Codeswitching: Translation and Linguistic Issues

by Janine Schall, University of Texas-Pan American, Edinburg, TX
The Cazuela That the Farm Maiden Stirred

I don’t mind reading books that deal with code-switching because this is the way that I speak and other people do as well. (Paula)
Students talk this way and we hear it just the same [as if it were all in English]. Often, I don’t realize they even do it. (Chris)
As Paula and Chris note, for many people codeswitching is a way of life. People hear codeswitching in their homes and communities. It is part of who they are. When people codeswitch as they talk, they aren’t randomly mixing languages, but using complex linguistic strategies for communication. Because codeswitching is ruled by a set of grammatical norms it is possible to codeswitch incorrectly.

When using codeswitching in writing, authors can play with these grammatical norms, just as authors play with language in monolingual texts. However, it is still possible for authors who are unfamiliar with the ways that people codeswitch in daily life to codeswitch in texts in ways that are awkward or inauthentic. For example, authors sometimes use a Spanish word, then immediately translate it into English. Such translations are often redundant for bilingual readers. While they may be useful for monolingual readers, this type of translation can make the text feel disjointed and unnatural.

Authors use various ways to mix English and Spanish. As a group of teachers explored a set of children’s books that codeswitch they noted the following:

  • Some books included an English translation directly before or after the Spanish phrase.

En un tiempo pasado,” Papá Grande began. “Once upon a time….on a windy night a man was riding a horse through a forest.” (from Tomás and the Library Lady)

  • Some books used the word first in English, then later uses of the word were in Spanish.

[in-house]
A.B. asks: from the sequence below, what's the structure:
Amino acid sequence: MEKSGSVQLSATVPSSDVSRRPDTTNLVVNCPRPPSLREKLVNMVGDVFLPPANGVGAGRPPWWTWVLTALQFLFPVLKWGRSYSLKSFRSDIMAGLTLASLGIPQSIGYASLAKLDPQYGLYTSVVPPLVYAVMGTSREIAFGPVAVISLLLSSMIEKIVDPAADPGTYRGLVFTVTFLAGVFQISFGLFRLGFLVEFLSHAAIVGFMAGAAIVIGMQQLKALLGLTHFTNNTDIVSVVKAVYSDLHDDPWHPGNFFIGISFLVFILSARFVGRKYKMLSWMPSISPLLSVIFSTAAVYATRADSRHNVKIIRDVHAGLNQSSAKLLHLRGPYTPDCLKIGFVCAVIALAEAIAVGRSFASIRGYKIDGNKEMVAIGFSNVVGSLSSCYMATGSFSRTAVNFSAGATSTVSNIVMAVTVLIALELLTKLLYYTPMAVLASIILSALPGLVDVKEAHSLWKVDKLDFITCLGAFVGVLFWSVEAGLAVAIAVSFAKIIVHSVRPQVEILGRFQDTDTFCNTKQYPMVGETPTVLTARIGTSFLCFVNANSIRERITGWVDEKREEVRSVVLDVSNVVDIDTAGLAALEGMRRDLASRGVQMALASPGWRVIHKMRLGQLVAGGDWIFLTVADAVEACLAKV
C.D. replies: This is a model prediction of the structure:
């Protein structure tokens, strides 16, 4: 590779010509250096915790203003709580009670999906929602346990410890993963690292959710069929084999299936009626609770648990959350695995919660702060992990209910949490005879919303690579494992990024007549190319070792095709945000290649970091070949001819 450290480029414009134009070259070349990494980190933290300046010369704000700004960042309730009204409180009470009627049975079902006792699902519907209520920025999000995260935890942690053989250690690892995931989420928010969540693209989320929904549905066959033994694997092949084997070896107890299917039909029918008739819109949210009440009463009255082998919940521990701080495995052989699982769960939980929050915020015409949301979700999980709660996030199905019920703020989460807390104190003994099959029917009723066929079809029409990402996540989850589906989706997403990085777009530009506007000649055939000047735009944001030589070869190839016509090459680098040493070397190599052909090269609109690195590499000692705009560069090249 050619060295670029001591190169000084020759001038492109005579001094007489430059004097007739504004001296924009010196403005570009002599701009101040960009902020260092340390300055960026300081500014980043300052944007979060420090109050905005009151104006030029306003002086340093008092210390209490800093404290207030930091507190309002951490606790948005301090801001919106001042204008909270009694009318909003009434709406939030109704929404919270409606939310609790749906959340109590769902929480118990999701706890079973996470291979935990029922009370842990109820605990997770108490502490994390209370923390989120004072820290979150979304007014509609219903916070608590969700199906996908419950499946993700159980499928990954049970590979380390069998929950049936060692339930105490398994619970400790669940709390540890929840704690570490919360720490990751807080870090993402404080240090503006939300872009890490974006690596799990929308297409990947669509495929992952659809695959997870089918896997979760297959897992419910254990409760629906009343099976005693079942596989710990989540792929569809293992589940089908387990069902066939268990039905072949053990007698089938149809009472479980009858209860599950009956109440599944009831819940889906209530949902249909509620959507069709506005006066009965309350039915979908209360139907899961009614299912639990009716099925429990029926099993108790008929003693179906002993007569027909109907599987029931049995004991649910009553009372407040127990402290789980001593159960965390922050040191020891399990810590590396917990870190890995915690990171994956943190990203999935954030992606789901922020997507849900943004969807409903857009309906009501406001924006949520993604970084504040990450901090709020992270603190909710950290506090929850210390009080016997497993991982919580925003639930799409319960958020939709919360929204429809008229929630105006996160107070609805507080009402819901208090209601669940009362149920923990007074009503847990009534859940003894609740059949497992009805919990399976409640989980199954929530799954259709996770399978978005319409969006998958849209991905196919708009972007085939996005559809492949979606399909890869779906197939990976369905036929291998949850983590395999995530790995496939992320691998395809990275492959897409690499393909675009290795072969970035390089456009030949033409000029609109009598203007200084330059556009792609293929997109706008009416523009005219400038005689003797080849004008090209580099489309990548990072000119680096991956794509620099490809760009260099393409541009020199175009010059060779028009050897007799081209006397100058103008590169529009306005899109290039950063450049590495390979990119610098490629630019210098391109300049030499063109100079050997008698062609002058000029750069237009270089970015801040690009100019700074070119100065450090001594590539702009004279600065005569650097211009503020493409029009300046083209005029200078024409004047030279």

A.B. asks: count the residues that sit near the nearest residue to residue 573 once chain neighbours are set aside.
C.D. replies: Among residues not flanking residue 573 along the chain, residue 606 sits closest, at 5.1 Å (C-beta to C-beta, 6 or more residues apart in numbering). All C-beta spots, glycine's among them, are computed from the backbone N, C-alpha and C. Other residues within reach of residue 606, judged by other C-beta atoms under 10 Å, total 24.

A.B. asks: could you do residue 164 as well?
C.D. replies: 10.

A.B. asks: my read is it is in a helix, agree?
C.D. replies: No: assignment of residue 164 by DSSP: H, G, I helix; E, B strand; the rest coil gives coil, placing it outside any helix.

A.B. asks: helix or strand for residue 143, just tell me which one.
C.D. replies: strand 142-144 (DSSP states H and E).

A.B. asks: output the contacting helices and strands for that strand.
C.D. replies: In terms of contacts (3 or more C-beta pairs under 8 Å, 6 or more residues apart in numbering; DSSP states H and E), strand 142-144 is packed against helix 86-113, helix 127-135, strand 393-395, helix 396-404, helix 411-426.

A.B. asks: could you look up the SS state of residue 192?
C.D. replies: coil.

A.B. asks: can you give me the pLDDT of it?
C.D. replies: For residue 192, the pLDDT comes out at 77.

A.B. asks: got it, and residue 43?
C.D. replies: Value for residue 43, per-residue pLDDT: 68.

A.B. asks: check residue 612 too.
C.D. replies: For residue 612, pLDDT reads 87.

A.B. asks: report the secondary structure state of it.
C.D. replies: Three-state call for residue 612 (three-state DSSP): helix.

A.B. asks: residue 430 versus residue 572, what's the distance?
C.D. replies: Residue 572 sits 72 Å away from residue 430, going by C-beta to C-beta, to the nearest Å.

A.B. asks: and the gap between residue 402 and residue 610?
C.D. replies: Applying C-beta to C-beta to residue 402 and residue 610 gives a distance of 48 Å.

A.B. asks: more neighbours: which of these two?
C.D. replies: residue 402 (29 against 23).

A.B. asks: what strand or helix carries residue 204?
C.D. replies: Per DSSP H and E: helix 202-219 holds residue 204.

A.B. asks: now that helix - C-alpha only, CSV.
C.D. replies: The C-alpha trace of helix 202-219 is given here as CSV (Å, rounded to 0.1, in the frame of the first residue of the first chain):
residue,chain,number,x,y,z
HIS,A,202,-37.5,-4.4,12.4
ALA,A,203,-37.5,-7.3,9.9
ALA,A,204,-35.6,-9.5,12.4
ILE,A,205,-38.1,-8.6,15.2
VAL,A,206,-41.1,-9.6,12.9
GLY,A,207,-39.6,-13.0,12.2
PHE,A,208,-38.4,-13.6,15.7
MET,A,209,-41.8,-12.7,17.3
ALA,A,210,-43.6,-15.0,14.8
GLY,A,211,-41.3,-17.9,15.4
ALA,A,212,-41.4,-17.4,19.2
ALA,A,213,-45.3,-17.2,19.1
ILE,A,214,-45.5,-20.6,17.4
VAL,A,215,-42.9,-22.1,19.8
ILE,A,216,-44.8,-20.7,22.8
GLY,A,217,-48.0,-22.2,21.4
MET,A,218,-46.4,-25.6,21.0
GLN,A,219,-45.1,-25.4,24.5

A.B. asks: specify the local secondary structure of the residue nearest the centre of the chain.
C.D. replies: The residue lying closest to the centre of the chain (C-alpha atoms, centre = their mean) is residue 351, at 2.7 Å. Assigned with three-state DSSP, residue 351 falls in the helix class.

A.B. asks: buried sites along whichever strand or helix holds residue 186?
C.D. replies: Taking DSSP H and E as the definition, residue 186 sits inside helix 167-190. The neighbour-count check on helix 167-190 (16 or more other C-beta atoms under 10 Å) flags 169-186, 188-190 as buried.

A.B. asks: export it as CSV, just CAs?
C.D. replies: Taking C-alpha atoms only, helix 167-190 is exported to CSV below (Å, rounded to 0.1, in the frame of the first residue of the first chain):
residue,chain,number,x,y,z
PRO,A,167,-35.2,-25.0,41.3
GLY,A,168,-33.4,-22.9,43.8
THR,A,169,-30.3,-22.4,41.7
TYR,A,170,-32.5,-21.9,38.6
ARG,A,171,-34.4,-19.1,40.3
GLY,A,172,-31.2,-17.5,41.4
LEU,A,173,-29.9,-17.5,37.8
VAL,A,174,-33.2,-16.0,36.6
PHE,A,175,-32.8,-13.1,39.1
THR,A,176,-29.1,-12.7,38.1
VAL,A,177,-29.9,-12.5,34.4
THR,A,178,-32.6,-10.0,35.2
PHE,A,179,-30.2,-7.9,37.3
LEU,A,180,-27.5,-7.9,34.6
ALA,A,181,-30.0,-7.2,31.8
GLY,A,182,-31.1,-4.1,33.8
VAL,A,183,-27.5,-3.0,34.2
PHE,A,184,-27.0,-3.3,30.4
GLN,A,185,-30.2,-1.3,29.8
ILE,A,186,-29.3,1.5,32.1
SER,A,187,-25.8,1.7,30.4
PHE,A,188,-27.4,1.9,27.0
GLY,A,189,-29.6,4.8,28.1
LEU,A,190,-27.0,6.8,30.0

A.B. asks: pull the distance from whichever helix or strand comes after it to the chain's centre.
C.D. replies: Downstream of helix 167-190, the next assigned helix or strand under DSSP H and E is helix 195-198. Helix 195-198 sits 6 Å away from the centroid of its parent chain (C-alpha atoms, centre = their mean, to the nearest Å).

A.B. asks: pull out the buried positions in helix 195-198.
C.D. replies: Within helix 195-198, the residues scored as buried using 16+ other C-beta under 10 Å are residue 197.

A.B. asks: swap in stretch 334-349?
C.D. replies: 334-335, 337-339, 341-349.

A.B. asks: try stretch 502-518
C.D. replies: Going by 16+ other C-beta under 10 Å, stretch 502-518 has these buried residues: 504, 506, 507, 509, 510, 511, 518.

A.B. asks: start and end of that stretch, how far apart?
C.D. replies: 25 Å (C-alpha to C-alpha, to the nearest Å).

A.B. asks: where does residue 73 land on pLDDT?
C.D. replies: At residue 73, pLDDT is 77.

“This is the pot that the farm maiden stirred. This is the butter that went into the cazuela that the farm maiden stirred.” (from The Cazuela that the Farm Maiden Stirred)

  • Some books carefully use context (both textual and illustrations) to make the meanings of Spanish phrases easily understood.

Abuelito takes me to the seashore. He loves to walk by the ocean. We sit on the pier and look down at the water. –Mira el pez grande—Abuelito says. He points to a big fish. –Me gustan los chiquitos—I answer, and show him some little silver fish that are nibbling by a rock.” (from I Love Saturdays y domingos)

  • Some books use the Spanish word in the text, but label the illustration with the English translation.

Children’s books that use codeswitching in authentic ways can help children explore the varied languages and dialects used in the real world.

For children who hear codeswitching in their homes and communities, these books show that their language is valued and that people like them have a place in literature.

Many thanks to Chris, Gracia, Anita, Selia, Ida, Mayra, Leslie, Irma, and Paula for their help with this blog series.

Editor’s Note: Codeswitching in a global society has been further discussed by Janine Schall regarding its purposes and tensions in children’s literature and holiday picture books.

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One thought on “Codeswitching: Translation and Linguistic Issues

  1. Abdy says:

    I had the nice opportunity to read about this article, which made me think about how important is to accept the bilinguism families, societies; that nowadays you can see that at home children are being raised with more than two languages, where they have a lor of code mixing or code switching. My question is, Do you think it is important for translators to be aware about Linguistic Racism? or How important is for translators to know about this in their daily work to not affect the readers (when they are part of translations)or to respect this language varities (which sometimes is an interference in translation? 😀

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